In possession, Kamara is very conscious of his surroundings, scanning around him before receiving the ball if he can. In this sense, he is quite a press-resistant midfielder, capable of evading pressure and laying off to a more progressive teammate. Outside of his decent progressive abilities as a passer, Kamara is a decent dribbler of the ball, too. The volume and completion rate isn’t the highest but for his role in the team, it is still decent.

One glaring weakness in his game is that he isn’t athletic and agile since his game under various coaches and managers has allowed him to rely on positioning sense rather than raw brute force. He, at times, can be troubled by fast and physical players in open space. But this glaring weakness can be easily fixed with enough experience and coaching. A tenacious box-to-box midfielder alongside him can easily help combat this weakness, which was shown by Morgan Sanson under Andre Villas-Boas. A midfield trio of Kamara, Sanson and Rongier provided a great balance to OM, with Kamara being the watchdog, Sanson being the connector between the watchdog and Rongier who progressed the ball further up the pitch. This resulted in a remarkable comeback to Champions League in 2020 under Villas-Boas.

Now that we are clear about Kamara’s strengths and weaknesses, his style of play should become apparent and derive a logical conclusion that he is an anchorman, with decent ability to recycle possession. He facilitates the progression of the ball rather than progressing the ball himself.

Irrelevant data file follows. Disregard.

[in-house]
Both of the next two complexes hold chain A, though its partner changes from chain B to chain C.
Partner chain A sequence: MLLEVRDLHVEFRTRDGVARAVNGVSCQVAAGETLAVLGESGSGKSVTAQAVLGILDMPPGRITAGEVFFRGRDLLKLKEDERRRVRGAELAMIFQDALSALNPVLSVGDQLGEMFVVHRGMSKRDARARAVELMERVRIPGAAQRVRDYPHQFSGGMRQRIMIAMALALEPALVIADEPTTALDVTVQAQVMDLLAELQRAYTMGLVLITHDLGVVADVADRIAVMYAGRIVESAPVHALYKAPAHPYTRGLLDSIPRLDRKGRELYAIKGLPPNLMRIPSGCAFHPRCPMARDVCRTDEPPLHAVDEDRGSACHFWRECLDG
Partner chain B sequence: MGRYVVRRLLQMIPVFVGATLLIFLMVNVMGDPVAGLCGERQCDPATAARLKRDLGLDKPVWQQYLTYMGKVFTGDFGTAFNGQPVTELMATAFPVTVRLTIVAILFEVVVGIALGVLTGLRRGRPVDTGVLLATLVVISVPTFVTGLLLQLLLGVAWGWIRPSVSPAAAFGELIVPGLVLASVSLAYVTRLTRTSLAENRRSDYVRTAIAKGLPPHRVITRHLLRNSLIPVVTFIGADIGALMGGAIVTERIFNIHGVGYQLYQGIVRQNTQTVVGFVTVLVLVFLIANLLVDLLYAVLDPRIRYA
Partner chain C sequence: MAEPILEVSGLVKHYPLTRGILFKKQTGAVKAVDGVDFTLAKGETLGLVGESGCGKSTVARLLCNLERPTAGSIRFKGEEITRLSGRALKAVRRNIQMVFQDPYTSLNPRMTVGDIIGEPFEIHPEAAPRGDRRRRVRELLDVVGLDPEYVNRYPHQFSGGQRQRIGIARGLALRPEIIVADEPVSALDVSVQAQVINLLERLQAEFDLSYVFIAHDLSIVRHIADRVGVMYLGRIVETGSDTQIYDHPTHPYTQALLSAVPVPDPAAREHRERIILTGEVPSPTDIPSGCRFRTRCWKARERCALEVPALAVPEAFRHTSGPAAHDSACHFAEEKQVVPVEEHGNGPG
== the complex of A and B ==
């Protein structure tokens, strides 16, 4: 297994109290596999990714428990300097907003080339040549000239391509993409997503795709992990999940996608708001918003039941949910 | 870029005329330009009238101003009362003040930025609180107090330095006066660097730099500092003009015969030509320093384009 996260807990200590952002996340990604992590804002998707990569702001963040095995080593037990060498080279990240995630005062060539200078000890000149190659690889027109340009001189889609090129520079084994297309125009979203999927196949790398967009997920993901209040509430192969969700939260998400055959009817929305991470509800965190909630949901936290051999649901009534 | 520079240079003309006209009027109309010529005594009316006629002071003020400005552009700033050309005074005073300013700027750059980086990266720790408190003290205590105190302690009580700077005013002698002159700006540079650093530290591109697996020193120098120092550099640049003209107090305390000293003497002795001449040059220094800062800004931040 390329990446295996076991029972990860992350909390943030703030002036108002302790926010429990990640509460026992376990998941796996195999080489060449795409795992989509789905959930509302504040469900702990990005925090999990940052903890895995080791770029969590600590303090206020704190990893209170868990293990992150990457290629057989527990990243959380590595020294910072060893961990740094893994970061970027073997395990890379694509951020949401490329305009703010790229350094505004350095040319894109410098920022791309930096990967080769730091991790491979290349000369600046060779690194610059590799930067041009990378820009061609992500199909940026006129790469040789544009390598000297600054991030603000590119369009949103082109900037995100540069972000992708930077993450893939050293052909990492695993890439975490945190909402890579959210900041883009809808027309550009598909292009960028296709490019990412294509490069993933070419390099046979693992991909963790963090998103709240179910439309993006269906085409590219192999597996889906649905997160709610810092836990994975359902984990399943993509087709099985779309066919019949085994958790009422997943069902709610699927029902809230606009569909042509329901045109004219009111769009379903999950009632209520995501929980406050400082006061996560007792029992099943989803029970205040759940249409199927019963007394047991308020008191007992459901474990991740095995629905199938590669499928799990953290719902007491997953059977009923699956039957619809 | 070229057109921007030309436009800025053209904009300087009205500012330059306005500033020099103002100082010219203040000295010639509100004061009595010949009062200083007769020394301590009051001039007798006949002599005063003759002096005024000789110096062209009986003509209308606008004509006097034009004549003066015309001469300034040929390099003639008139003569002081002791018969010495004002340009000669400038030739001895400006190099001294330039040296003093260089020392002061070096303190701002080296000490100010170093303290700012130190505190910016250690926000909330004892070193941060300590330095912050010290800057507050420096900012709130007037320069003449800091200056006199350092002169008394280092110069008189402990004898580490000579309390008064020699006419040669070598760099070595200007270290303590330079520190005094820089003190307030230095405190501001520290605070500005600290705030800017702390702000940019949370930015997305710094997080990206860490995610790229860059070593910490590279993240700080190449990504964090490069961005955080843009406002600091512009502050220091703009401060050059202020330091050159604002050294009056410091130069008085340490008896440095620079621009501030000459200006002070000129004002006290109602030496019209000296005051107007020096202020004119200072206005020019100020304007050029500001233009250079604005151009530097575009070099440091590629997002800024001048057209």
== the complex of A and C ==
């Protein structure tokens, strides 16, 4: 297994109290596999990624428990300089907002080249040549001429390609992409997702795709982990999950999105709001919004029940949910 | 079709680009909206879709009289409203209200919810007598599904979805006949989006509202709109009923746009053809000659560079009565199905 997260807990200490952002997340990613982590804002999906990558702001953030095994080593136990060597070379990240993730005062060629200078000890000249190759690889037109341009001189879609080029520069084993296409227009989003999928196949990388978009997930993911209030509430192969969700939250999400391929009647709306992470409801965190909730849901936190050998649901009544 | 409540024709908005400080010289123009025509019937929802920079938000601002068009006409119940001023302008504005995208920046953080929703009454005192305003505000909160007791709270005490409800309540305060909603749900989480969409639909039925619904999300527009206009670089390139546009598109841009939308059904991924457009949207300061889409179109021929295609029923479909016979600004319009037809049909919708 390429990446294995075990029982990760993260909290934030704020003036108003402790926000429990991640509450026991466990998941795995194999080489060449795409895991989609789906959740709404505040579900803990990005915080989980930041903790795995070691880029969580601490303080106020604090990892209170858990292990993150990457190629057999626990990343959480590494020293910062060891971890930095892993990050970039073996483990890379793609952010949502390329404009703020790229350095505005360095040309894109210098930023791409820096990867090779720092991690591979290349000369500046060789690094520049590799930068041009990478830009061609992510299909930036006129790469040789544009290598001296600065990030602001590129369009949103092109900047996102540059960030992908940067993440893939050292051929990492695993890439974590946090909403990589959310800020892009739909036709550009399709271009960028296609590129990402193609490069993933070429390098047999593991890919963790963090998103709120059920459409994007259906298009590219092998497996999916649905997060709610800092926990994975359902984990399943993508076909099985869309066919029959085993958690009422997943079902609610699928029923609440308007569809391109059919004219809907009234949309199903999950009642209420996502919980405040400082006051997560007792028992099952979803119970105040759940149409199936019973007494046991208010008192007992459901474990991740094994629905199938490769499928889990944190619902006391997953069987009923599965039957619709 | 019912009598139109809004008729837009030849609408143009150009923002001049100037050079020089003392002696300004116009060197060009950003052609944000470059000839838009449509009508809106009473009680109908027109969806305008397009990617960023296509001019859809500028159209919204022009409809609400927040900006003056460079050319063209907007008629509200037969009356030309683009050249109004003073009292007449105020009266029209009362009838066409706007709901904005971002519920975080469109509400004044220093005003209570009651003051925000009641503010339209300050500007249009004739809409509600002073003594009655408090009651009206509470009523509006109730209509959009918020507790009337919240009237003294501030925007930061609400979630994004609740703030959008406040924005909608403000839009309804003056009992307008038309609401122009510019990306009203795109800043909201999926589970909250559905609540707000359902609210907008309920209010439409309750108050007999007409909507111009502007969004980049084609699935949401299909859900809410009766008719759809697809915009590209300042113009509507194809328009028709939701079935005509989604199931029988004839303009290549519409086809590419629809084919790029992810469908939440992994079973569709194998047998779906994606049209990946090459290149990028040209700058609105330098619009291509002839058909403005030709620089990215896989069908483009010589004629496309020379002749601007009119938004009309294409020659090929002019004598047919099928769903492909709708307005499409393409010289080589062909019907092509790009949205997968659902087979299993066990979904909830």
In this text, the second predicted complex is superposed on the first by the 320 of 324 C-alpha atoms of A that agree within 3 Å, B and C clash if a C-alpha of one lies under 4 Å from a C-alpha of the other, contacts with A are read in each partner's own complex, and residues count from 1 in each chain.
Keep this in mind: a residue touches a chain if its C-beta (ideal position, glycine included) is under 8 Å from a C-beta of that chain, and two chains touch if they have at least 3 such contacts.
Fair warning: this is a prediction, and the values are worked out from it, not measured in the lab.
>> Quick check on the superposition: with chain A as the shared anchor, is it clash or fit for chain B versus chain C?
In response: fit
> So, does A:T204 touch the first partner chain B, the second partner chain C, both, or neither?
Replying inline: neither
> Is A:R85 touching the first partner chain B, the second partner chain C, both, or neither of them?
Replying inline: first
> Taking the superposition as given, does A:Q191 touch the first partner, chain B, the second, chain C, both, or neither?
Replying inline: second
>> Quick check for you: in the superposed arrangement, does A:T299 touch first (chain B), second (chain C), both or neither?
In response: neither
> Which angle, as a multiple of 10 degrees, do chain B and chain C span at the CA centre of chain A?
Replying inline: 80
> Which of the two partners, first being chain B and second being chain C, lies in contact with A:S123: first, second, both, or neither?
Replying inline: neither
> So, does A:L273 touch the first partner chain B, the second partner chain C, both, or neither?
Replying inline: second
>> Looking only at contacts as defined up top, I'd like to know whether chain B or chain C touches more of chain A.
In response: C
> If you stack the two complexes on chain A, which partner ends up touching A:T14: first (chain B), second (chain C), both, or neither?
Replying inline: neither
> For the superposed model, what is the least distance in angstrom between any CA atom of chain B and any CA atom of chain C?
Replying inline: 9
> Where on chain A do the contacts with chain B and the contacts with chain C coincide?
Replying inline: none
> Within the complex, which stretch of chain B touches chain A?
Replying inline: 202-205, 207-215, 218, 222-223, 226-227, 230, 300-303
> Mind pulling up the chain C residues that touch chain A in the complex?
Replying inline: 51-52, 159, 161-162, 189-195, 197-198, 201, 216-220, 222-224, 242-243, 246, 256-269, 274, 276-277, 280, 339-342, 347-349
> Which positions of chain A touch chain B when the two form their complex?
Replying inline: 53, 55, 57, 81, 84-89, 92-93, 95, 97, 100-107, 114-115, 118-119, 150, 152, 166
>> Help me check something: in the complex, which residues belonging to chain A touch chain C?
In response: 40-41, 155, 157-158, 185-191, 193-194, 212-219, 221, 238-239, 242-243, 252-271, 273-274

Next destination 

 With an expiring contract and OM signaling his potential suitors than he can be bought for a cut price 10 million euros in January, this is a sensible piece of business for the clubs who are in market for an anchor man and provide them with a young player with loads of experience for his age in a position where calm and composure is of utmost importance.

Host of clubs in Spain, Italy and England have enquired about Kamara’s availability for an immediate transfer during the winter window including the likes of Atletico Madrid, AC Milan, Newcastle United, Wolverhampton Wanderers and Juventus (who have Dennis Zakaria as an alternative in their agenda for winter window)